The Esterhazy K1 shaft was the first to be sunk successfully, but this occurred only after the company that was developing the mine imported a German freezing technology that allowed it to create a wall of ice around the excavation. The shaft-freezing technology has been used throughout the Saskatchewan potash industry ever since and is being employed at the K3 site.
Early in the new year, outside contractors will begin digging two shafts to depths of about 1,085 metres; one to move workers, equipment and ore, the other for ventilation and emergency exits. Each will be 6.2 metres in diameter and they will be about 140 metres apart.
Couture says the company has already completed the shaft freezing for the full depth of the Blairmore Formation. It drilled and sank 72 freeze pipes and built refrigeration plants that circulate a coolant similar in appearance and viscosity to automobile anti-freeze. The freezing process creates circular walls of rock-solid ice at temperatures of about minus 35 centigrade.
Some 400 construction workers have been employed at the site for months and most were building surface structures–the most important and impressive being the massive 116-metres high headframe, which was well advanced by mid-September.
A pit, 25 metres square by 16 metres deep, had been dug for the foundation. Piles had been sunk to a depth of 23.25 metres and a 1.9 metre-thick concrete pad had been poured. Crew then worked round the clock for 18 days pouring concrete and raising the walls of the headframe to a height of 93 metres above surface. Additional structures will be built on top of the concrete walls to house the hoist and the electrical unit that powers it.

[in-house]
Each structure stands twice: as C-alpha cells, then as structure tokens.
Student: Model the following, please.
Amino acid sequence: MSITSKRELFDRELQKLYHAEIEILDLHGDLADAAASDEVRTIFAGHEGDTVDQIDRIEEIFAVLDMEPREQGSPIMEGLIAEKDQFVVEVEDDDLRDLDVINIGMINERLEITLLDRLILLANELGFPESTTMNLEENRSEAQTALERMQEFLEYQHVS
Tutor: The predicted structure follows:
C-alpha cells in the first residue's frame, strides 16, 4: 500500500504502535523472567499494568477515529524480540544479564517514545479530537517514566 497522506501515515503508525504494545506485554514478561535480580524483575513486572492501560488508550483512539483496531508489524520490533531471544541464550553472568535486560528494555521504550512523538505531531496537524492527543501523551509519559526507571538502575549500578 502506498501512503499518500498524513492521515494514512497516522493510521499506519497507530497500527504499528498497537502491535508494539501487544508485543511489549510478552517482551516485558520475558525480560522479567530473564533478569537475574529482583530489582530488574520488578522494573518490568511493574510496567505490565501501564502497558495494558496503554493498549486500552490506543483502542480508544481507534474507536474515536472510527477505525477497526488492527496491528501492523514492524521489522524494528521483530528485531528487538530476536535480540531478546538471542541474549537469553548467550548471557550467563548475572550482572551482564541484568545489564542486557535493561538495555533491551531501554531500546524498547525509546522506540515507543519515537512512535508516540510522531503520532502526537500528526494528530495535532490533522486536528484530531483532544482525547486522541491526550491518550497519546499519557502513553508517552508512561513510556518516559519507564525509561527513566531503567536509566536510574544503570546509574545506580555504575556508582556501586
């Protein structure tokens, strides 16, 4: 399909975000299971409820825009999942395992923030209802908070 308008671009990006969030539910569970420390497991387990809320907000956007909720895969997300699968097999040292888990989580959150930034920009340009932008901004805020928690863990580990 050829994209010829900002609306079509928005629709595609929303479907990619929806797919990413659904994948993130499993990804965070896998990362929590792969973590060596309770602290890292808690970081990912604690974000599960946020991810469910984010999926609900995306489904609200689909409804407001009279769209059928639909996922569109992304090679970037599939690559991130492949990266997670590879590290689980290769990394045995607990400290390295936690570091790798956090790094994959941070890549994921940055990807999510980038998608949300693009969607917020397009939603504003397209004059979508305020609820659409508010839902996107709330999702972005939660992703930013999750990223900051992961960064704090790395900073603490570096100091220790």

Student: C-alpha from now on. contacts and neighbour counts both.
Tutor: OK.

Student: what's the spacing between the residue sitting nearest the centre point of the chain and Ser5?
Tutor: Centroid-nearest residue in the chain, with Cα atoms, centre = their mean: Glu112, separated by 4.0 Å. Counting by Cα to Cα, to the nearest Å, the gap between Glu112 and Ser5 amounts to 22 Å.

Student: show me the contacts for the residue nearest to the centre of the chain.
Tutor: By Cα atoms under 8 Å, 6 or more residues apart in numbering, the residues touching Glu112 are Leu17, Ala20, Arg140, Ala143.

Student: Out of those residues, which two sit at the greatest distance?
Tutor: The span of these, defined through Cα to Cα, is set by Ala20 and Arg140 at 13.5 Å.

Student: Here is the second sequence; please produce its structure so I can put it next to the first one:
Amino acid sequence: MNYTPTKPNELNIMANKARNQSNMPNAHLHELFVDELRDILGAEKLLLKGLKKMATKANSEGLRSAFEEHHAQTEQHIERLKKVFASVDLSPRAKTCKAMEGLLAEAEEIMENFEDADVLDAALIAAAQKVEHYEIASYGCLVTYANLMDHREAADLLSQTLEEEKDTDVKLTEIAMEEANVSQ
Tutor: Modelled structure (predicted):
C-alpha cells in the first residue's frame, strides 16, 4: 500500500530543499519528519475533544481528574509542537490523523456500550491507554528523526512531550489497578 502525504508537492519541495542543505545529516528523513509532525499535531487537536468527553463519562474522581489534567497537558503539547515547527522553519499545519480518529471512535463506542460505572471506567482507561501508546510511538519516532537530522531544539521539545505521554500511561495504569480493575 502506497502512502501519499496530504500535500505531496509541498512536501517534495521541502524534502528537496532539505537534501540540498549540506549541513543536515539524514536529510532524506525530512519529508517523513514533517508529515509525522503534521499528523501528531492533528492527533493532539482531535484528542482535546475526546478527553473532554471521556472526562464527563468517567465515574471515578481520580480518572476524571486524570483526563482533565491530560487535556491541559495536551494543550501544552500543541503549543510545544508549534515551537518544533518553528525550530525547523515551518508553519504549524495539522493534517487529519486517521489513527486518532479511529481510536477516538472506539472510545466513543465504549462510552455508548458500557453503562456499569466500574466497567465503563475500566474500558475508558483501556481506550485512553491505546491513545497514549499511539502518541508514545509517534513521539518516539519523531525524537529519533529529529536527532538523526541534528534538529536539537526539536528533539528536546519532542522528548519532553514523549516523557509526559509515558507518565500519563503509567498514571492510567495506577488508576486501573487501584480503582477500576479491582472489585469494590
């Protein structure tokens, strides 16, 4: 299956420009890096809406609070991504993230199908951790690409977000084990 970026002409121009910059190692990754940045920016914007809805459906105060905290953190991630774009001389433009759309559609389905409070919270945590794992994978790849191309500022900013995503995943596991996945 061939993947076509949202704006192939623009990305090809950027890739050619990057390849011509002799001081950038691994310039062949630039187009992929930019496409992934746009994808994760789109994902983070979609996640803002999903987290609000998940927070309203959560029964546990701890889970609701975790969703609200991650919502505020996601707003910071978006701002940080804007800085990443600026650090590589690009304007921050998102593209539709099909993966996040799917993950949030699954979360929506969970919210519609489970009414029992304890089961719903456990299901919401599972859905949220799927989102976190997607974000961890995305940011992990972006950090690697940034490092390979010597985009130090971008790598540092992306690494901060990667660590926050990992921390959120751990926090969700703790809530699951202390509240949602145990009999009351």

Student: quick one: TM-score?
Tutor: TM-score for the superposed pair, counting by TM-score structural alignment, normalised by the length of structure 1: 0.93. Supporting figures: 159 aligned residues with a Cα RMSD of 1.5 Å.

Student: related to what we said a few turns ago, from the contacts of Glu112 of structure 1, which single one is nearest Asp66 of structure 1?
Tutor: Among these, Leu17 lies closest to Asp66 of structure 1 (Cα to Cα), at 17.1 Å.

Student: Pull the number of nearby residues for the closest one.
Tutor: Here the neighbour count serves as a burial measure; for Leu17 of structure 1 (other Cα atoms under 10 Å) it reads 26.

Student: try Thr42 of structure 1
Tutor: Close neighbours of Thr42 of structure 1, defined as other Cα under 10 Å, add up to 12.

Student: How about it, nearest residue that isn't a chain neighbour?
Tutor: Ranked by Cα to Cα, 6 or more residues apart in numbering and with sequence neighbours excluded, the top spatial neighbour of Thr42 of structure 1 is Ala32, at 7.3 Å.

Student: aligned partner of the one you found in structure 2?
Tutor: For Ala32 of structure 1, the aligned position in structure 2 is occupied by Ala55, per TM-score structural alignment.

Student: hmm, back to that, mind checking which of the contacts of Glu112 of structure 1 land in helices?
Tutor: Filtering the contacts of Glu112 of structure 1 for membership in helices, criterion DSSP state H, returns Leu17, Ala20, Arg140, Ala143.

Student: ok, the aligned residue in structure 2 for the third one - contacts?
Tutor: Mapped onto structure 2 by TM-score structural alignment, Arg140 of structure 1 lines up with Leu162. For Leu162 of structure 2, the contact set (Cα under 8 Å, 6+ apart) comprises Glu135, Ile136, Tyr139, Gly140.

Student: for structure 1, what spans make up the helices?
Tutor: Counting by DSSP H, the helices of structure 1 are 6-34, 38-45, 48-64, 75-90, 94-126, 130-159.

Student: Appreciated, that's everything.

K3 will be a satellite mine, located about l0 kilometres from the existing operations and the ore will be hauled by truck to a milling complex at K2. Mosaic’s Esterhazy operation is one of three the company owns in Saskatchewan; the other two being at Belle Plaine and Colonsay, and it is the largest potash producer in the world. As part of a broader expansion program, the company has added 100,000 tonnes per year additional milling capacity at K1 and it has boosted the capacity of it K2 compaction plant by 400,000 tonnes per year.
K3 will add significantly to the overall output at Esterhazy. The existing mines produced 6.7 mllion tonnes of ore and 2.3 million tonnes of finished product in the fiscal year that ended May 31, 2010.
In the most recent fiscal year, which concluded May 31, 2012, they turned out 12.4 million tonnes of ore and 4.0 million tonnes of finished product. In its first full year of operation, K3 is expected to yield about 3.0 million tonnes of ore and one million of finished product.
“This mine could easily and rapidly be expanded to the point where we’re producing 21 million tonnes of ore and seven million of finished product if and when required though we may have to upgrade the milling facilities,” says Couture.
In any event, one thing appears certain. Esterhazy will retain its title as the self-proclaimed Potash Capital of the World for the foreseeable future.